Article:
Rather, forgiveness is a choice which recognises a host of important realities that flow from the person of Christ. Just as Christ leaves his perfection and blessedness in heaven to enter into broken, sinful humanity in the Incarnation to redeem it (to set right the relationship between creature and Creator), we are called to enter into the brokenness of the situations of hurt and pain in our lives, into the brokenness of people’s lives. We are called not to abandon, break down, and condemn, but rather seek to reform, call to conversion, renew and redeem, and love. There is a significant courage required to do this. Turning the other cheek is not passivism, but rather not allowing the sins of others to cause us to sin  not responding to hate with hate, or pride with pride (sin with sin). We are called to imitate Our Lord by responding to hate with love, to scandal with charity, to pride with humility.

In today’s Gospel from Matthew, Peter approaches Jesus with a question about forgiveness. He asks, “Lord, how often must I forgive my brother or sister who sins against me? As many as seven times?” To which Jesus responds, “Not seven times, but, I tell you, seventy-seven times.” This response from Jesus is not an arbitrary number, but rather a call to limitless forgiveness. It is an invitation to break free from the chains of anger and resentment and to embrace a spirit of forgiveness that mirrors God’s boundless mercy toward us (as described and celebrated in today’s Psalm). The parable that Jesus tells in the Gospel illustrates this beautifully. A servant who had been forgiven an enormous debt by his master fails to extend the same mercy to a fellow servant who owes him a much smaller amount. (Matthew 18:32-33).

In the Our Father, Jesus makes our forgiveness by God conditional on our forgiveness of others. Now, in this Gospel, Jesus tethers our forgiveness of others to our experience of being forgiven: we have been forgiven much, so must we forgive others. This linkage of the two directions of forgiveness is emphasised by Our Lord because He knows that we cannot give what we have not first received – sometimes forgiving very great wrongs seems impossible by human efforts. So our ability to forgive is not only human, but supernatural. It is made possible by our experience of the tremendous love and grace of God, and the grace we receive in the Sacraments – especially our experience of being forgiven over and over again in the Sacrament of Reconciliation. It is in this context particularly that we experience both the legitimate anger of God, calling us to conversion and a purpose of amendment, as well as the infinite and boundless mercy of God, the Lord who is “compassion and love, slow to anger and rich in mercy”.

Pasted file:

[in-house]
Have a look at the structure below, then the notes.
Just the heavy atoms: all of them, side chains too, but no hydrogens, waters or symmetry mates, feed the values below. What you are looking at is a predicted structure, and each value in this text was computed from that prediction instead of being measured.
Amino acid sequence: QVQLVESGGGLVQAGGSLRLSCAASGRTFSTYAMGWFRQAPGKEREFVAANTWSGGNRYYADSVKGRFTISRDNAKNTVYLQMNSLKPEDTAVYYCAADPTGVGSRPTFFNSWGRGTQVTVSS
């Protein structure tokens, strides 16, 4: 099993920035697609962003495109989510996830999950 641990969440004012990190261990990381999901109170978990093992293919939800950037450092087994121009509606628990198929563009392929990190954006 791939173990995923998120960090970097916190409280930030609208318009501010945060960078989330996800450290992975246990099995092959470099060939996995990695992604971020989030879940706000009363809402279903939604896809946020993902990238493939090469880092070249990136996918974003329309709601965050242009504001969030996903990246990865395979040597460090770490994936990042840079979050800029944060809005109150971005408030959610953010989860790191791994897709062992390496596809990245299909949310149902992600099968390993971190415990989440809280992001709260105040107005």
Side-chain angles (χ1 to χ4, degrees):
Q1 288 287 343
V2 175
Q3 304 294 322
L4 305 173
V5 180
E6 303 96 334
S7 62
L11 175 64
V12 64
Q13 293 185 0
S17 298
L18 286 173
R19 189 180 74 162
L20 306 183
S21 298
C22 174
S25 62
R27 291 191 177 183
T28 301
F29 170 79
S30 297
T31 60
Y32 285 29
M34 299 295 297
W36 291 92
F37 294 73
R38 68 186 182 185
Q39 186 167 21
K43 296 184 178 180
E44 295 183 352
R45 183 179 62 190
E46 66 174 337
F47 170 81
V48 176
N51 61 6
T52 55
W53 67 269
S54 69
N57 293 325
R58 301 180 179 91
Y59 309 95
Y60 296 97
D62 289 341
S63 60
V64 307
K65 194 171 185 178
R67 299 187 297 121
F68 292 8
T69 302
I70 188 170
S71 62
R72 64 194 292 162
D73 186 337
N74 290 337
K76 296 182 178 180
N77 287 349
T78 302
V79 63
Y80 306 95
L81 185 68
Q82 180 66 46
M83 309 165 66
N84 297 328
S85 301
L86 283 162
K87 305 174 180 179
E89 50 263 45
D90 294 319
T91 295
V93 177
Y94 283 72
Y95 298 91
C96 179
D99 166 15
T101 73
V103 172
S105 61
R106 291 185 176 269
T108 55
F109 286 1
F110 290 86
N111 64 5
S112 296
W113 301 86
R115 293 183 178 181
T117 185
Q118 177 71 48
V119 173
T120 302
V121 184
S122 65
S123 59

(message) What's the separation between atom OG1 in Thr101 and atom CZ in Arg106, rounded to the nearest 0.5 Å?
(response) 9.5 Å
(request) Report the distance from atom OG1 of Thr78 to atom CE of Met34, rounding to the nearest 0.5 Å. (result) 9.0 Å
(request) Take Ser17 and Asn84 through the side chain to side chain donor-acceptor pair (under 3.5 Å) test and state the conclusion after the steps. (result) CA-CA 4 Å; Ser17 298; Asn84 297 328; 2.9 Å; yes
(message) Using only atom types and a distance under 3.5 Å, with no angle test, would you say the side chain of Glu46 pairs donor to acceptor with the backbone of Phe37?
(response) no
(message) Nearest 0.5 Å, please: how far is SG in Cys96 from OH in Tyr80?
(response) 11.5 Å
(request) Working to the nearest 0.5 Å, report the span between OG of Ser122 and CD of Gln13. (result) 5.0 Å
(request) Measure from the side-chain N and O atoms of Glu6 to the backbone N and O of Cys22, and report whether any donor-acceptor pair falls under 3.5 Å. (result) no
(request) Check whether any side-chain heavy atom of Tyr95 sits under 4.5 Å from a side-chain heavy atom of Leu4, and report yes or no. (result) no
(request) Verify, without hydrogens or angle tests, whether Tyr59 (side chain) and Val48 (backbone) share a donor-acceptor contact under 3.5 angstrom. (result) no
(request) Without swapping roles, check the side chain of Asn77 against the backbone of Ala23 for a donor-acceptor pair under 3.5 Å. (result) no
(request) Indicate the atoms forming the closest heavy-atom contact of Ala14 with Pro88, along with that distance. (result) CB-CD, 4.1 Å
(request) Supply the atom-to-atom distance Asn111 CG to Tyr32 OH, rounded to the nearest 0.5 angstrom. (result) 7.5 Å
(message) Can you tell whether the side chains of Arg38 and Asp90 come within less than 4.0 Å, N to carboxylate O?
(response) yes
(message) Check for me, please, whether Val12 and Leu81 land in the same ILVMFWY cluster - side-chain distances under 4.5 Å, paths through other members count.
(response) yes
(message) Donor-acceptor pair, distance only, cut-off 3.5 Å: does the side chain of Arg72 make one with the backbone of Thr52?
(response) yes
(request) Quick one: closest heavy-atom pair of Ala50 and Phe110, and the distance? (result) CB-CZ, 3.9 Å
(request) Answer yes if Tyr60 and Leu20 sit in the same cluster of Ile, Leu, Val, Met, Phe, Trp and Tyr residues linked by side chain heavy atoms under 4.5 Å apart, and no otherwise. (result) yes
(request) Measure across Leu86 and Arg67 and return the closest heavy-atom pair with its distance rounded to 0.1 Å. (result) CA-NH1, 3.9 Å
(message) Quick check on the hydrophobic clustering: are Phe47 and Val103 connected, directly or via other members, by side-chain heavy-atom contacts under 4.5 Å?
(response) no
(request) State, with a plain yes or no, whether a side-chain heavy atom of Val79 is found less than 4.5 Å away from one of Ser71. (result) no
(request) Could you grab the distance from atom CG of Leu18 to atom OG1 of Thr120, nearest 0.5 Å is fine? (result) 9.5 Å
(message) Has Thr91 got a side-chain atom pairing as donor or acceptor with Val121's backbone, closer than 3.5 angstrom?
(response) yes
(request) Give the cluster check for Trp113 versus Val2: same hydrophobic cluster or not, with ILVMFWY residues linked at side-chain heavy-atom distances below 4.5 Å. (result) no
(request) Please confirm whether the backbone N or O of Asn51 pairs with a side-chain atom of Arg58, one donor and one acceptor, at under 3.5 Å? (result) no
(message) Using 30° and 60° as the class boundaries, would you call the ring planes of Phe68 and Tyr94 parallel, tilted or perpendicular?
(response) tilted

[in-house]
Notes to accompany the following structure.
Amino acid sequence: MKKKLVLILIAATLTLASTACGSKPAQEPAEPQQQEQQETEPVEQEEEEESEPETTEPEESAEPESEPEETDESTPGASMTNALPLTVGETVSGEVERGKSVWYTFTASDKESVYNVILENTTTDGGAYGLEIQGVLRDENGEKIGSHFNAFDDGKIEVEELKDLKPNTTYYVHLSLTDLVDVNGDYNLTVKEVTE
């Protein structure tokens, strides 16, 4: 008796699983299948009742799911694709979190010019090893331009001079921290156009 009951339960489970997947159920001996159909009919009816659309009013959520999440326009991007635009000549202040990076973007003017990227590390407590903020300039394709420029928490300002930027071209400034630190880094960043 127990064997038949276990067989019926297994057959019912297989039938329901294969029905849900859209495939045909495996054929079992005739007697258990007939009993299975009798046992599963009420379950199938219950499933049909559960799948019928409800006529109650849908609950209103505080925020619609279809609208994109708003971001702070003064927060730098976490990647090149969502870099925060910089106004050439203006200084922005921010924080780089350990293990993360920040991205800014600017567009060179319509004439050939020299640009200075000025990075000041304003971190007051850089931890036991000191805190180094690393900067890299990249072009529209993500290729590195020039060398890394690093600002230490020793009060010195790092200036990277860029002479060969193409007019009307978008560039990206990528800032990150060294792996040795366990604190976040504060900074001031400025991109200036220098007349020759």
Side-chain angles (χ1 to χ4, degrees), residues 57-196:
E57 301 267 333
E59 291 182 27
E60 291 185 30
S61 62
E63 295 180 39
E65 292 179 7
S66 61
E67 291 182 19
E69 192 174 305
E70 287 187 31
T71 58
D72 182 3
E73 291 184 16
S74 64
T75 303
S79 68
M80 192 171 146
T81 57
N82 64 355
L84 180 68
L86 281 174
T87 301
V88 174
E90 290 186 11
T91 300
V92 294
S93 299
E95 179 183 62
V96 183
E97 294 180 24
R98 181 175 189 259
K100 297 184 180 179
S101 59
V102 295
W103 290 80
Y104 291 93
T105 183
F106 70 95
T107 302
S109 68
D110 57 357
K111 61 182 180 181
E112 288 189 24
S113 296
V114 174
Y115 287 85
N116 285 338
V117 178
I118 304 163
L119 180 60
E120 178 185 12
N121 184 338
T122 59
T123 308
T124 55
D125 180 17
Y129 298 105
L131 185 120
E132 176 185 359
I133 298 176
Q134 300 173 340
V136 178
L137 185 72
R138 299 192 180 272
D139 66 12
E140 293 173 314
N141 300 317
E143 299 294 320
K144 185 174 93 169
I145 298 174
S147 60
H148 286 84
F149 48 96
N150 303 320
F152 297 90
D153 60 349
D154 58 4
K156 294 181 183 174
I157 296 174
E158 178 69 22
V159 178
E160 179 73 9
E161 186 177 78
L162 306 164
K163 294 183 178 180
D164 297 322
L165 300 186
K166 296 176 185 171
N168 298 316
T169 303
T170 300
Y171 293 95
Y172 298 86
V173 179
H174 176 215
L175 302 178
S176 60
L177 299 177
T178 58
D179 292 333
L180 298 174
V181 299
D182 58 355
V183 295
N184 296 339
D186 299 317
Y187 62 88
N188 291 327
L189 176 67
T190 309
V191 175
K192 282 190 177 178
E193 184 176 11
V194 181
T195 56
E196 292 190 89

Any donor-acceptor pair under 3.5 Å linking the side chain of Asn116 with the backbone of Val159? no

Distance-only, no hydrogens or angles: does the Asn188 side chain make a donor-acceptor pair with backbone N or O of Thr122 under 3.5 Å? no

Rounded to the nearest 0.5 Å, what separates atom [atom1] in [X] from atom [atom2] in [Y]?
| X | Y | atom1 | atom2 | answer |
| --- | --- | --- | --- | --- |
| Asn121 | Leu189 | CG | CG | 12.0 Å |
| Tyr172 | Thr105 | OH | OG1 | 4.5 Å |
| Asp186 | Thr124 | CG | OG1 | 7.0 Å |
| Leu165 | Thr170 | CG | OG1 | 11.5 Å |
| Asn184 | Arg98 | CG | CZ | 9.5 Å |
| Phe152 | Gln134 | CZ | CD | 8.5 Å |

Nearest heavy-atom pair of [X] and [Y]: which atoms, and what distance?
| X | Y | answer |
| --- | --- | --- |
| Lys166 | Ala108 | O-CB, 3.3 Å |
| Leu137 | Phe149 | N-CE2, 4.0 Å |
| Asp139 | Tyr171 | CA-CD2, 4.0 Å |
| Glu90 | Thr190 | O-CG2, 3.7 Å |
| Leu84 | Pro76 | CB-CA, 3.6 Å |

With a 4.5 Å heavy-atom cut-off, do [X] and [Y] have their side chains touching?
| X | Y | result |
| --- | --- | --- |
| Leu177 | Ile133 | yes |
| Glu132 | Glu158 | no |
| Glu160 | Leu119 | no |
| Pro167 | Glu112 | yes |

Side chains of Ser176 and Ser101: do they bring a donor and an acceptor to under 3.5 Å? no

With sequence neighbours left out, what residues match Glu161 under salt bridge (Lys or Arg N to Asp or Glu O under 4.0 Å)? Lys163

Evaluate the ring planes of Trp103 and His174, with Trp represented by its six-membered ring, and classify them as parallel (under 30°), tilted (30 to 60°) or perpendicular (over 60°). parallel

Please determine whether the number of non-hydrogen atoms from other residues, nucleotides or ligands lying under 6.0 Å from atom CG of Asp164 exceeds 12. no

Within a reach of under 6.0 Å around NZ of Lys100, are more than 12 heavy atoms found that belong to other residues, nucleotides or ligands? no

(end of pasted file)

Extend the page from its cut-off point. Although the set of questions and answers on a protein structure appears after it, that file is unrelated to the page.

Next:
And, as people, more than likely each in need of somebody else’s forgiveness, and hopefully having had the experience of being forgiven by a friend, family member, our fellow man, we can root our human experience in our history as well, knowing the freedom and peace that such forgiveness brings, and loving, even our enemy, enough to want to give that to them in turn.

To summarise, we can reflect that forgiveness is rooted in:

  • Our humility, knowing that we, too, are in need of forgiveness from God and from our fellow man
  • Our experience of forgiveness (both from our fellow man and from God, especially the Sacramental forgives we receive in confession)
  • A conscious and active choice to love: to will and seek the good of the other (acts that are constructive and build up), as opposed to a choice (or inertia) toward vengeance (acts that tear apart, break down, destroy).
  • The knowledge that our human choice and acts are elevated by grace, that our movement toward forgiveness is not only natural, but also supernatural, from the grace we receive in prayer, the Word of God, and the Sacraments.

As we approach the Eucharistic today, let us seek God’s grace to release any anger and resentment from our hearts and to be instruments of His peace and reconciliation in our families, communities, and the world. Let us recall the moments of forgiveness that we have received, from God and from our fellow man, and embrace forgiveness as a healing balm for our souls and a testament to the love of our merciful Father. May the words of our Lord Jesus Christ resonate in our hearts: “So also my heavenly Father will do to every one of you if you do not forgive your brother or sister from your heart” (Matthew 18:35). Amen.